If you regularly read this blog or know me personally you might remember that I don't care for the month of February. I complain about it every year, which is convenient if you are writing a blog that publishes three times a week because when February comes around you know exactly what to do: kvetch about the cold and the snow and the darkness and the long, grinding winter in the Midwestern United States.
one of my more amusing blogs. Now that I've moved to within an hour or so of Puxatawny, PA I've even considered driving out there to hear Phil's Goundhoggese for myself.
If you'd prefer not to have the full, gruesome experience, there is one of my favorite movies, in which weatherman Phil Conners, played by Bill Murray, gets condemned to live the strange holiday over and over. "Goundhog Day" the movie will no doubt air on a few TV stations over the weekend, and some of you won't mind watching it over and over as well.
I've often wondered why there was no sequel to "Groundhog Day," though I am glad they left it alone. It was a one-of-a-kind movie with a unique concept. It's just that, whenever there is a successful offering, Hollywood doesn't know well enough to let it just be. (Murray is starring in another sequel to the Ghostbusters franchise for 2020 and while I applaud their restraint in waiting so long to make it I wonder whether it will be a good story or just a way to make money of nostalgia.)
It isn't that such a film could not in theory be interesting. There is plenty about life on February 3rd that might provide Phil with a lot to do. Readjusting to a life in which days are not endlessly repeated until you get them just right could be disorienting after a hundred reboots, and none of them would have the mythic status that the Puxatawny festival would have acquired in his life. It's just that a movie based on the 3rd of February would violate two rather big rules. It would not be likely to have a happy ending, and we wouldn't be able to see it coming.
It is easy to see, after a handful of times that Phil wakes up on the same day in the same bed and has to do it over that, no matter how he rebels, whines, finds inventive ways to kill himself, tries random experiments in cruelty, and gradually, more and more in kindness, that the Power That Is just isn't going to let this go until he learns a very important lesson and reforms himself. Like many successful works of art, the recipient can see the Goal which must be achieved almost from the beginning. The outlines are clear.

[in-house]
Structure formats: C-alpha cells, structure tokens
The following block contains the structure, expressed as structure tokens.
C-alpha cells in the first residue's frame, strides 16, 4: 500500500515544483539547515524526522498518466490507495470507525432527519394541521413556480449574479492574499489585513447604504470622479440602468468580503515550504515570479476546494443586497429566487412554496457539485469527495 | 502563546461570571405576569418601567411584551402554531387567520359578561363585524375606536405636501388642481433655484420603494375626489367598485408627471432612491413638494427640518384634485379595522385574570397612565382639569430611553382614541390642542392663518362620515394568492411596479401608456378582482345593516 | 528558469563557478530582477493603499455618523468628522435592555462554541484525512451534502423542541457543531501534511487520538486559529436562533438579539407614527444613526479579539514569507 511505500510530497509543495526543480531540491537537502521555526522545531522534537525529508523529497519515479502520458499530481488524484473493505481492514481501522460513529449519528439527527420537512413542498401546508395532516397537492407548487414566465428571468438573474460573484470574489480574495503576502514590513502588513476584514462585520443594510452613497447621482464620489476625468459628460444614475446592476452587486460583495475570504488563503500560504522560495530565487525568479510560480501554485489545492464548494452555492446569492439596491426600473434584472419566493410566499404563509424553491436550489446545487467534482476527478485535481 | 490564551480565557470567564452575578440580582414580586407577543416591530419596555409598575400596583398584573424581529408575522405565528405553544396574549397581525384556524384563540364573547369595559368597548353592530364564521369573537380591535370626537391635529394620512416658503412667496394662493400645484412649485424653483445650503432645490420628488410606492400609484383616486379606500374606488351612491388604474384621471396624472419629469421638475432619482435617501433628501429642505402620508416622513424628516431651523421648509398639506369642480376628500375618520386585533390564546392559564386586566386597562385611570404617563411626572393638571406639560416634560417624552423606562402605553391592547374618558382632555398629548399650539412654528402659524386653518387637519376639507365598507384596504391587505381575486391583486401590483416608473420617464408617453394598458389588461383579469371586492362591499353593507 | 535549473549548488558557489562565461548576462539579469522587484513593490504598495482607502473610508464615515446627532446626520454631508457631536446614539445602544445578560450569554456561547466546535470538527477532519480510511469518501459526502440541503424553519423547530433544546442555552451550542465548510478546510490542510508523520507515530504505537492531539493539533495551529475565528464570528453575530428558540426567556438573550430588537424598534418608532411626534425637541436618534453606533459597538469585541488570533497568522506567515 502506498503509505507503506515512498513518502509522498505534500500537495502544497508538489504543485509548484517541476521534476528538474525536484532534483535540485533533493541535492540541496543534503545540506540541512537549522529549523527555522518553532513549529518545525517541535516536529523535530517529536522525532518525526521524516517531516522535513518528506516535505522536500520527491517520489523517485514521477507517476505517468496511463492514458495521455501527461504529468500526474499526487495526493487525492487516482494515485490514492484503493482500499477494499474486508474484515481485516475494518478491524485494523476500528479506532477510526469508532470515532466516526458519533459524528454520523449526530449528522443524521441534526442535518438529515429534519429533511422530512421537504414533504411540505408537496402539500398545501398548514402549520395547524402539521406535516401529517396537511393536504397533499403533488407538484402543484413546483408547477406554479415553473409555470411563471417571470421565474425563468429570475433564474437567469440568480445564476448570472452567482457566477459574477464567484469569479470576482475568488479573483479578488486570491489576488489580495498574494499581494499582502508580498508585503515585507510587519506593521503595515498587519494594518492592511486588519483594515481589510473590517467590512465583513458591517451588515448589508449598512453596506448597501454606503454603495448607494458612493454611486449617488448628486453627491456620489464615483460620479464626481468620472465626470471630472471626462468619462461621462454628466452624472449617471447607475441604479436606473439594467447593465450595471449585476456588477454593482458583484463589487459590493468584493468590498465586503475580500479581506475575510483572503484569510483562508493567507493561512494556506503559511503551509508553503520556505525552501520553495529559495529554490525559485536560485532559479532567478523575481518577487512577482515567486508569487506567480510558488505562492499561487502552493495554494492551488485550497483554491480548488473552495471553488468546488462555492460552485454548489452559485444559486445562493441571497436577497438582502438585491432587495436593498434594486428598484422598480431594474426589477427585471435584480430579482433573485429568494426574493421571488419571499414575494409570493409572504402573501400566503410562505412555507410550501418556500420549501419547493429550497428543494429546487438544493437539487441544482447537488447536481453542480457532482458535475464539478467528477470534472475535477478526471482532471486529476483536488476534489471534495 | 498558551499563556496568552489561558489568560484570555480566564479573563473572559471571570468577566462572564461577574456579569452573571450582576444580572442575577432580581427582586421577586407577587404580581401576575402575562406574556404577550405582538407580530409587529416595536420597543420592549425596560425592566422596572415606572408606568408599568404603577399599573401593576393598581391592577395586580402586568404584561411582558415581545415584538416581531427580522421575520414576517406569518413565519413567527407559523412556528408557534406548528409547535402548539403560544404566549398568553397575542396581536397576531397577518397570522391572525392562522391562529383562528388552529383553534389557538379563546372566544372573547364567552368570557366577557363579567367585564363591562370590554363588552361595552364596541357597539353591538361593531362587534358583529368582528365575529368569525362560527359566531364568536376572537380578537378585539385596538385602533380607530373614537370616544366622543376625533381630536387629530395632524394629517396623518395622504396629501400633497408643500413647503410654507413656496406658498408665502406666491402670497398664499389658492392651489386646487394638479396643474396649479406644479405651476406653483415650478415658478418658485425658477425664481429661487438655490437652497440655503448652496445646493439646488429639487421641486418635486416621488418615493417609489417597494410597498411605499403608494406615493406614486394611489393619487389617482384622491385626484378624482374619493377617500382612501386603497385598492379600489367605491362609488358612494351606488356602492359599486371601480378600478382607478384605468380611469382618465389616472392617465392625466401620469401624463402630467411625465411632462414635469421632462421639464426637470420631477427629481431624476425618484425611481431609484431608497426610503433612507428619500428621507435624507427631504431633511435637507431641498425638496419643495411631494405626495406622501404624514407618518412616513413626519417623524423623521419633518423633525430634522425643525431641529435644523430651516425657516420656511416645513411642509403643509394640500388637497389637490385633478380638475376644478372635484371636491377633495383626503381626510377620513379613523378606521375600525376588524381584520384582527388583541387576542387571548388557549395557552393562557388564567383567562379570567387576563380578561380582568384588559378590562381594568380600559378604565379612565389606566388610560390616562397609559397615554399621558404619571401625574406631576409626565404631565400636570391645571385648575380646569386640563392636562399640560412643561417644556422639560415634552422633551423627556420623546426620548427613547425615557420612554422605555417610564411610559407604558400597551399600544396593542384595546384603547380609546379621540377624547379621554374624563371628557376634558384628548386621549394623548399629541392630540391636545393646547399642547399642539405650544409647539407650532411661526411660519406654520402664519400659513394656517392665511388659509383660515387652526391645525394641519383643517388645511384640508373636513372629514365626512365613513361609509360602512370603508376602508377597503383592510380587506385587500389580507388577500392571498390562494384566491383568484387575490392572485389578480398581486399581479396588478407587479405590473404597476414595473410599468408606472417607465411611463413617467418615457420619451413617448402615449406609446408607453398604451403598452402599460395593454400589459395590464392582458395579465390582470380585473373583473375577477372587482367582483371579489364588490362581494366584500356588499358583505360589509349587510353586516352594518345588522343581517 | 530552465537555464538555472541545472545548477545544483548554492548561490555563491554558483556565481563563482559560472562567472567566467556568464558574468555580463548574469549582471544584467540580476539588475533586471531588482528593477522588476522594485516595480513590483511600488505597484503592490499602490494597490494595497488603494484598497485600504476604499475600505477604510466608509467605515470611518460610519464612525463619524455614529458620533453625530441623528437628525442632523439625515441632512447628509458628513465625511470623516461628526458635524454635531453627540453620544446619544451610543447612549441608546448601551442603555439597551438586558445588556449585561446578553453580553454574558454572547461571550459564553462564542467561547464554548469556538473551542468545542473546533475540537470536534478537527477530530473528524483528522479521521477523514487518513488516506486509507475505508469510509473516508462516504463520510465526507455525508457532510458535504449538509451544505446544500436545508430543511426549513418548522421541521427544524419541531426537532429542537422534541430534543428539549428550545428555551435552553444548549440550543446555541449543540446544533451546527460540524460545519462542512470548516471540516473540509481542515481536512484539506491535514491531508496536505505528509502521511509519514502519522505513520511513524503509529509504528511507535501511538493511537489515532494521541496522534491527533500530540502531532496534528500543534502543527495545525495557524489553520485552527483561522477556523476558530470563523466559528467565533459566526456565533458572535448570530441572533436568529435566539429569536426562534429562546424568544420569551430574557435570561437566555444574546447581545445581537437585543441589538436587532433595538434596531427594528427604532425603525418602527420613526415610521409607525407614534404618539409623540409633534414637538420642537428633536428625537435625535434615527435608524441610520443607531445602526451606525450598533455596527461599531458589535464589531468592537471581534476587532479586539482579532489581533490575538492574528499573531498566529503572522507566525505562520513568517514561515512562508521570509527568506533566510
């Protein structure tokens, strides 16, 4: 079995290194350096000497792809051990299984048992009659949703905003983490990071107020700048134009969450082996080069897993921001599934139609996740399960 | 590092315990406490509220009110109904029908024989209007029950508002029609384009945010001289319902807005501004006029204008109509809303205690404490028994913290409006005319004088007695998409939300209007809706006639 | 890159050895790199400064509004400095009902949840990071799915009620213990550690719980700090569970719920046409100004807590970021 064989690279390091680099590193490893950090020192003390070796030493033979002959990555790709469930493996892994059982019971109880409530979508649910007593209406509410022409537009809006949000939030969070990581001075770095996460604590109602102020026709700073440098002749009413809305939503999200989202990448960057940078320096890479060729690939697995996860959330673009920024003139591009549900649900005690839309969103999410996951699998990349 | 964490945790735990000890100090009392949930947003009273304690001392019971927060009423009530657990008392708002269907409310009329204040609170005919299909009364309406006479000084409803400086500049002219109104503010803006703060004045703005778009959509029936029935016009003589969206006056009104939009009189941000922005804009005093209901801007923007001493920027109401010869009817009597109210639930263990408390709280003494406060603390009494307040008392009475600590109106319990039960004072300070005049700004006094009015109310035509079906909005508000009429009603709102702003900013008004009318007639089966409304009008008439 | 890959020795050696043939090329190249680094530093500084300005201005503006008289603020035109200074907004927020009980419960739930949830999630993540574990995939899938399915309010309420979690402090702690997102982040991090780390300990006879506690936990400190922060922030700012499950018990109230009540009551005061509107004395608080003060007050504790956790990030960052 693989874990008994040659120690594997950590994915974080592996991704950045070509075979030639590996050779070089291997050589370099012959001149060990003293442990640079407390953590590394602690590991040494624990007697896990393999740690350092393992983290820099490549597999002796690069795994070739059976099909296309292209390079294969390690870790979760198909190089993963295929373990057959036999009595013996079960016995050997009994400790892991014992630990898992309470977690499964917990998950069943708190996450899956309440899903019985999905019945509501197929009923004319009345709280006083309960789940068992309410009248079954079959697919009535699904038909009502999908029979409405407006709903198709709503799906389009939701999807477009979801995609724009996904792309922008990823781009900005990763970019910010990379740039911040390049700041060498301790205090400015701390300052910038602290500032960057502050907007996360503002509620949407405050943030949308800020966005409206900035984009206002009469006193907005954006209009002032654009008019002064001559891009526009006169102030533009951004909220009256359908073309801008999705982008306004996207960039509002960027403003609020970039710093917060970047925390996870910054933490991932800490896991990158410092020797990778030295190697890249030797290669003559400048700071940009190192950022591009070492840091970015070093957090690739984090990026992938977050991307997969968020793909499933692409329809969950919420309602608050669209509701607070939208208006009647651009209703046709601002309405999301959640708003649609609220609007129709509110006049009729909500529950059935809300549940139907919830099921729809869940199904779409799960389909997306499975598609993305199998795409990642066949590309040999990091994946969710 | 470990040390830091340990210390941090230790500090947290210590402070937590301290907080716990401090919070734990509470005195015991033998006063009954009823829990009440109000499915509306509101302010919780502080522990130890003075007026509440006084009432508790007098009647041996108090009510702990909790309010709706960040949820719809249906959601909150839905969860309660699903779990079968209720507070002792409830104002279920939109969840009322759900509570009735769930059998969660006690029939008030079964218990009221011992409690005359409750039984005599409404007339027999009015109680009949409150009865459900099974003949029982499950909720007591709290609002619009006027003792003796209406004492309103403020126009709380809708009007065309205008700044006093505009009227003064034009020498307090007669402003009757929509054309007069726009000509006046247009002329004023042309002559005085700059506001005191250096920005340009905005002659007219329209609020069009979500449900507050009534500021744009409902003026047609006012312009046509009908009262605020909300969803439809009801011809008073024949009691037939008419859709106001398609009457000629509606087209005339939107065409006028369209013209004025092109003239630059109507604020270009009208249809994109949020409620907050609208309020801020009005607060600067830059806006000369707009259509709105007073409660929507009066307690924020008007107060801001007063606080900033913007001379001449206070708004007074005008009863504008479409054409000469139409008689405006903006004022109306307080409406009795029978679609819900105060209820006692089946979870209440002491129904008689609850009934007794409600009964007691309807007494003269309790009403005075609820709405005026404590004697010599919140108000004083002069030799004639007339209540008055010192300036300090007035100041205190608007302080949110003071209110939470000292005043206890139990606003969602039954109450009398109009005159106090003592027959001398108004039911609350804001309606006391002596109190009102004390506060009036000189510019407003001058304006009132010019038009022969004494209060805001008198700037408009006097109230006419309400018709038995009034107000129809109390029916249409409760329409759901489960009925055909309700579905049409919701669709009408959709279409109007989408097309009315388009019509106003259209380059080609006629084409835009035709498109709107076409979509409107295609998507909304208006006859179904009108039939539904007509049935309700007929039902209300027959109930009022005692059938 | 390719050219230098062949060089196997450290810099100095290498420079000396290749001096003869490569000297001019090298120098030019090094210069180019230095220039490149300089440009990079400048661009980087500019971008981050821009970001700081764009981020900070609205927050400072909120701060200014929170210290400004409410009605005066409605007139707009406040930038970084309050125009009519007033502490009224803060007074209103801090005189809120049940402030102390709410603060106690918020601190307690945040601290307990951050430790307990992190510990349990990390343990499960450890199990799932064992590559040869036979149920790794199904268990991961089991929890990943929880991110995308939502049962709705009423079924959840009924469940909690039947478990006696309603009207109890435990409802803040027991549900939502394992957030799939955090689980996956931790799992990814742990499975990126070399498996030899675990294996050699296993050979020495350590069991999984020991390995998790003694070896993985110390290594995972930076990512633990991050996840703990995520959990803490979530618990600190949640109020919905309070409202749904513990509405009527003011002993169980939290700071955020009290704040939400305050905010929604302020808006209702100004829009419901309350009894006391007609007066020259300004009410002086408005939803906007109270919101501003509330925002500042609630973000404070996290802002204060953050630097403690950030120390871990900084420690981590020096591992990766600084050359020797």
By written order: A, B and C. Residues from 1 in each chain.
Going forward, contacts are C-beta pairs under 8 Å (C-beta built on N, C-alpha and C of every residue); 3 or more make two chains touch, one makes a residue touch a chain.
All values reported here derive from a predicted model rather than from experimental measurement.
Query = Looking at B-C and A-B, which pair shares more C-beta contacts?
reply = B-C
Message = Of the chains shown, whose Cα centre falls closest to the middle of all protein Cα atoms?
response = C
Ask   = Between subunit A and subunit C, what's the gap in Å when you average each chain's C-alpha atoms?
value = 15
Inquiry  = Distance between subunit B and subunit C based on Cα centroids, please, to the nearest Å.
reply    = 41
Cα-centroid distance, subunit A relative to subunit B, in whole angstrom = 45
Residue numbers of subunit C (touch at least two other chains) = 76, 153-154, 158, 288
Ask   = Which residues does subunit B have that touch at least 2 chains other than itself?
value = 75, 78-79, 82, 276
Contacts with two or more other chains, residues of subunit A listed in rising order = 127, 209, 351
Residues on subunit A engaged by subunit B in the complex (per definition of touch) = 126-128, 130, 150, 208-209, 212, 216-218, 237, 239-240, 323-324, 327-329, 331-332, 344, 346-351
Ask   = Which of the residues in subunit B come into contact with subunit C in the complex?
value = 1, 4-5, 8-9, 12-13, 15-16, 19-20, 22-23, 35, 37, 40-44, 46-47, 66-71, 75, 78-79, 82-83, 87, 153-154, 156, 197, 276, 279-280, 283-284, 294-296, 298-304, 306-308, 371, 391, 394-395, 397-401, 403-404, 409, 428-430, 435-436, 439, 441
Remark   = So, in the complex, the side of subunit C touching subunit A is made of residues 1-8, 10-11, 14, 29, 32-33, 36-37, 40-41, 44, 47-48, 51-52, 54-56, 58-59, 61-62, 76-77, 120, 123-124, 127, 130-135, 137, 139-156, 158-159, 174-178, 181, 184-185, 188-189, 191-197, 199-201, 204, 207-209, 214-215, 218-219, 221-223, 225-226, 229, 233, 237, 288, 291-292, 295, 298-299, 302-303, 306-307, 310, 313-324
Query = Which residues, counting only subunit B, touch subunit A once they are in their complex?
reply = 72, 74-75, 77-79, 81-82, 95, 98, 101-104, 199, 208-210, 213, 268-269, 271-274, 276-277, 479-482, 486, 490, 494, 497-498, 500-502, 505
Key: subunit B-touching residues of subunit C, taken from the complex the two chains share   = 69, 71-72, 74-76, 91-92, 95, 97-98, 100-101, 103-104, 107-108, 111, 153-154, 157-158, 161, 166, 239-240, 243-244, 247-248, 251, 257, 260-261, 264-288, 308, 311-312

My wife and I read "The Chimes'' over the holidays. It is the book Charles Dickens wrote for Christmas (actually New Year's Day) the year after he published "A Christmas Carol," another story in which the redemption of the protagonist drives the narrative. Unfortunately, "The Chimes" is a mess. In an attempt to shock the reader with major plot twists, it is not easy to tell whether the main character is in need of redemption (he is), whether he is in the past, present, or future, or if he is even alive for a large part of the story. Neither of us felt like we had a very firm grasp of what was really going on, never mind where we were supposed to be headed.
These sorts of experiments can doom a work of art. They are, it would seem, too much like reality, in which we sometimes wander from day to day without a certain direction in major segments of our lives. We generally prefer to have a sense of direction, and we would like our art to mirror that ideal version of our lives.
February can be a wasteland. Although, as I hinted last year, some of the Februaries in my life have been successfully negotiated because of important events which provide clear goals (and stress) to make them seem shorter and more meaningful.
It is interesting how we humans manage time. Music is fundamentally about time management and if it is experienced as a striving toward a goal (a major thrust in Western Music) it is often the composer's task to clarify what that goal is. Would that February, with all of its inertail hibernatory temptings, could take us to that Epiphanic Val Halla more often.
Or, to clarify, may we know where we are going, and enjoy getting there.